By Hamid Shalizi
KABUL (Reuters) – Afghanistan’s presidential election turnout is unofficially estimated at just over 2 million people or about 20 percent of registered voters, an official said on Sunday, solidifying fears that a low participation rate could marr the vote.
The figure is a sharp drop from the roughly 7 million who turned out to vote in the last presidential election in 2014.
Tight security ensured the election took place on Saturday in relative calm, but low turnout and complaints about the voting system heightened fears an unclear result could drive the war-torn country into further chaos.
To be sure, many Afghans braved the threat of militant attacks to vote in an election seen as a major test of the Western-backed government’s ability to protect democracy against Taliban attempts to derail it.
But of 9.67 million registered voters, only about one in five cast their ballot, according to the election commission official who requested anonymity as they were not authorized to release a turnout figure.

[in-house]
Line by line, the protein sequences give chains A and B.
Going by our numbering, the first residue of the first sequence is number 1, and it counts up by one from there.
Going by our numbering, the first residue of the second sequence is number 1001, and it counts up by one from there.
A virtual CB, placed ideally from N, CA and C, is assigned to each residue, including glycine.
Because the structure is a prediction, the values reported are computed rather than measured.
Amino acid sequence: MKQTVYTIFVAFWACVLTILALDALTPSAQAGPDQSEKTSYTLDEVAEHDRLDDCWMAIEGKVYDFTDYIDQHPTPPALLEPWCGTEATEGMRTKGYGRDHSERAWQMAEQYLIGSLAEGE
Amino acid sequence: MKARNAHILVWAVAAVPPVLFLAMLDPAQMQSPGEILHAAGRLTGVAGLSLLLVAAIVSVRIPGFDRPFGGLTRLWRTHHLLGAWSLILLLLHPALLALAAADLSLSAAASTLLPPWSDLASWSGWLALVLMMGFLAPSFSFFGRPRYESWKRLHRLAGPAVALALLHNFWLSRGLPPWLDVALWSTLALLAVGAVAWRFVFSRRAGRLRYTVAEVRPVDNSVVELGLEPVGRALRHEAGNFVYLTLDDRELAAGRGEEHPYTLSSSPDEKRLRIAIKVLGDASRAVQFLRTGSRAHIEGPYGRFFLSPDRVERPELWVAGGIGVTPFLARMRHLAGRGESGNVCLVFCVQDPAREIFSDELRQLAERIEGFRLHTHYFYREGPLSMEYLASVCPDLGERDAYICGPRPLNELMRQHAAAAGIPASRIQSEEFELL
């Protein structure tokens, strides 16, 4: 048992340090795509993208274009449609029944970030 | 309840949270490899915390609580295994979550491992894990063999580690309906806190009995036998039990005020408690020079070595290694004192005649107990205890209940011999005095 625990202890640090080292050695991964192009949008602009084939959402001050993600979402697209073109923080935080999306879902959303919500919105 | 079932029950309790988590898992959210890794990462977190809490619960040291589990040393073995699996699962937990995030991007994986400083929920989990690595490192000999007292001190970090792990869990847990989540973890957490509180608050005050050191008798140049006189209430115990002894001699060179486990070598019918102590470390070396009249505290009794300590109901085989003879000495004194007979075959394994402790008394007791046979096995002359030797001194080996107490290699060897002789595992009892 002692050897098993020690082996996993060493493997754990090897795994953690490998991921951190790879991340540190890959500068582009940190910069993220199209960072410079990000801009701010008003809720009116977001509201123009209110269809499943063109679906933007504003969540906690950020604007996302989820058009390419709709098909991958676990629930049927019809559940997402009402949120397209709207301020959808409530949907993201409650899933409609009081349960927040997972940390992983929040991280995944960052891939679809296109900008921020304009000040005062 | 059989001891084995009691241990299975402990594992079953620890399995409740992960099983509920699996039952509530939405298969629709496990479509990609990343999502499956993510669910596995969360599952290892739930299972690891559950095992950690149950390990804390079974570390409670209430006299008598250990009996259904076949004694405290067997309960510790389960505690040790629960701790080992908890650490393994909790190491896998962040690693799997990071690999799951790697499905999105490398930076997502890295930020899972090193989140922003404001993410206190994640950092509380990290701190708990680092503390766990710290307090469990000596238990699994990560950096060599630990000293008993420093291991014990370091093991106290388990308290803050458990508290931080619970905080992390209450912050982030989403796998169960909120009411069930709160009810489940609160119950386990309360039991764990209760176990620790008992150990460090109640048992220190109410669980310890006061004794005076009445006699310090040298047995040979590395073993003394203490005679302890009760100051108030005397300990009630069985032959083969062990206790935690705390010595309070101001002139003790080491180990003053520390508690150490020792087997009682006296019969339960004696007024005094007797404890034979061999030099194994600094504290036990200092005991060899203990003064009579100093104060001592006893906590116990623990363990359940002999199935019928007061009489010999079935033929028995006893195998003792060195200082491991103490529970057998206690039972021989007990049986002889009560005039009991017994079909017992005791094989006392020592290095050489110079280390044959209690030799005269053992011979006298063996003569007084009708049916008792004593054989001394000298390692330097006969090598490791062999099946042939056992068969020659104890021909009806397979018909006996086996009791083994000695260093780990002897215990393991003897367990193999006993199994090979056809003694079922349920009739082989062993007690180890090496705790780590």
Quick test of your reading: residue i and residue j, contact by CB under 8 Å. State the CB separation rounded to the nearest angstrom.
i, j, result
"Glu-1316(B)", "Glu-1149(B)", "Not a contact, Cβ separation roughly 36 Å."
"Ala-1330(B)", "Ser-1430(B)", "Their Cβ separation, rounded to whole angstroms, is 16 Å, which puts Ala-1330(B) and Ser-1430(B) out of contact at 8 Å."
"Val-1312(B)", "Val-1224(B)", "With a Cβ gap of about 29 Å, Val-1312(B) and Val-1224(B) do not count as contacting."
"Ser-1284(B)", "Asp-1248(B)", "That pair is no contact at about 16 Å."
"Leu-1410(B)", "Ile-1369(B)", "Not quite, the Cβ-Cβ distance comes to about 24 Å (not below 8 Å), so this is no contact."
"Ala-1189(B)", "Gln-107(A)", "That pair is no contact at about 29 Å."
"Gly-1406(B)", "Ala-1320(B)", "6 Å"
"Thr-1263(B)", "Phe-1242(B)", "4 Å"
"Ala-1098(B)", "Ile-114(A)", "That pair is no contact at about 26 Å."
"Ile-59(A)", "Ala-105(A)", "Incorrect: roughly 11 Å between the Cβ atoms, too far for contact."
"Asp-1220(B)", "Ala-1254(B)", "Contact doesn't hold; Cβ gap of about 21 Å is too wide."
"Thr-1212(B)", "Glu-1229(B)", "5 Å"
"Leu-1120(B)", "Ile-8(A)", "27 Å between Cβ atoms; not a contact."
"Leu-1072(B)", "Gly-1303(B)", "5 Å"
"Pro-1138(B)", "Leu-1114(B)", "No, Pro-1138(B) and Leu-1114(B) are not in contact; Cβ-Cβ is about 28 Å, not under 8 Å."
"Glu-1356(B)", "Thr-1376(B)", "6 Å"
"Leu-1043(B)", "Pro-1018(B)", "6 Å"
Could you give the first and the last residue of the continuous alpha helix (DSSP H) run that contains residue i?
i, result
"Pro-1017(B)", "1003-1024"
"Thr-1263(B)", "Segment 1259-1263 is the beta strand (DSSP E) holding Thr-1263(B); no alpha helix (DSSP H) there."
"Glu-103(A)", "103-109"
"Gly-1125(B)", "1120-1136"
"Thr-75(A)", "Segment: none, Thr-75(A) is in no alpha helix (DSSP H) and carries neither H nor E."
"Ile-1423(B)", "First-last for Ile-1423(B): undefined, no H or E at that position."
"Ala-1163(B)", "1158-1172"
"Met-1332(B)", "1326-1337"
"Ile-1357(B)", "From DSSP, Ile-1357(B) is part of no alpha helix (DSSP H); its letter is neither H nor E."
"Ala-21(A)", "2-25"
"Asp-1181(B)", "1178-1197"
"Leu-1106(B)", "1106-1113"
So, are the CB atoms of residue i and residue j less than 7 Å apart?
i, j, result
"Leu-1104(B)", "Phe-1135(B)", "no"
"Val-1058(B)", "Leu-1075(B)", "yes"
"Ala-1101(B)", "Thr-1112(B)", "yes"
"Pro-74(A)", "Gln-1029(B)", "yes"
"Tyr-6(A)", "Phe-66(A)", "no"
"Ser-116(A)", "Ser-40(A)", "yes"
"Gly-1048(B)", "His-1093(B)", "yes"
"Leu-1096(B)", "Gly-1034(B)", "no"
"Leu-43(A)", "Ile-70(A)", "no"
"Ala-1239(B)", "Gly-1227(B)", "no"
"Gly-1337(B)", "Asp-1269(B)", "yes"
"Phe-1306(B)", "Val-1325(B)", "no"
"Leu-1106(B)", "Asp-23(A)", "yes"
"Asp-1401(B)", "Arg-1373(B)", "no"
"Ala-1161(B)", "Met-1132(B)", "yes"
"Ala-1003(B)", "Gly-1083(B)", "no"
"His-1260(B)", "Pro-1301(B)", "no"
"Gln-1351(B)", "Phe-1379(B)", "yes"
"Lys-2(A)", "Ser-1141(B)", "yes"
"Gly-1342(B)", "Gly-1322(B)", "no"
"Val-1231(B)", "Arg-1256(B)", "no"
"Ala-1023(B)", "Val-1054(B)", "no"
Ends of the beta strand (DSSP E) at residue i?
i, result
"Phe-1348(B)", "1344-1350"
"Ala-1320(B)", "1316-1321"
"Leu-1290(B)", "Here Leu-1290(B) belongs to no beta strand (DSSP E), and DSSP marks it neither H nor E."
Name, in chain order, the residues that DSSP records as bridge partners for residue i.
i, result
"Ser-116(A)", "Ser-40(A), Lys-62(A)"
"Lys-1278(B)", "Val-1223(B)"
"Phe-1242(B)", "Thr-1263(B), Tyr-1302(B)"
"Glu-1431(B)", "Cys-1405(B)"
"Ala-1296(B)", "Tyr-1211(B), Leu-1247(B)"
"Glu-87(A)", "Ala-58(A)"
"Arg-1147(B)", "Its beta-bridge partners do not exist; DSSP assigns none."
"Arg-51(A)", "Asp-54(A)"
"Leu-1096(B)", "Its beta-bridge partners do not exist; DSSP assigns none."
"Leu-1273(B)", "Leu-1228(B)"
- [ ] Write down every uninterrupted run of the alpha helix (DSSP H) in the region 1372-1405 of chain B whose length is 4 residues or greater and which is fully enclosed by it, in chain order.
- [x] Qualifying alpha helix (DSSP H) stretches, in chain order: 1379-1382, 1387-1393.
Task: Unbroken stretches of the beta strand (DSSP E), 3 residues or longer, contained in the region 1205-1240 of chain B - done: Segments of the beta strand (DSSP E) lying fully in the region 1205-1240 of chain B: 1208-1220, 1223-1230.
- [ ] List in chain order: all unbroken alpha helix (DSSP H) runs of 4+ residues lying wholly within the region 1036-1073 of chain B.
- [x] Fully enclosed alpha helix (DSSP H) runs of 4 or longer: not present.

Previous elections were tainted by accusations of fraud, dozens of deaths and allegations that the election commission was not independent. Memories of those issues hung over Saturday’s vote.
Deteriorating security and Taliban warnings not to take part also deterred many from the polls.
Taliban fighters attacked several polling stations across the country to try to derail the process, but intense security prevented the large-scale violence.
Preliminary results are not expected before Oct. 19 and final results not until Nov. 7. If no candidate gets over half of the votes, a second round will be held between the two leading candidates.
(Reporting by Hamid Shalizi; Additional reporting by Rod Nickel and Abdul Qadir Sediqi; Writing by Paul Carsten; Editing by Stephen Coates)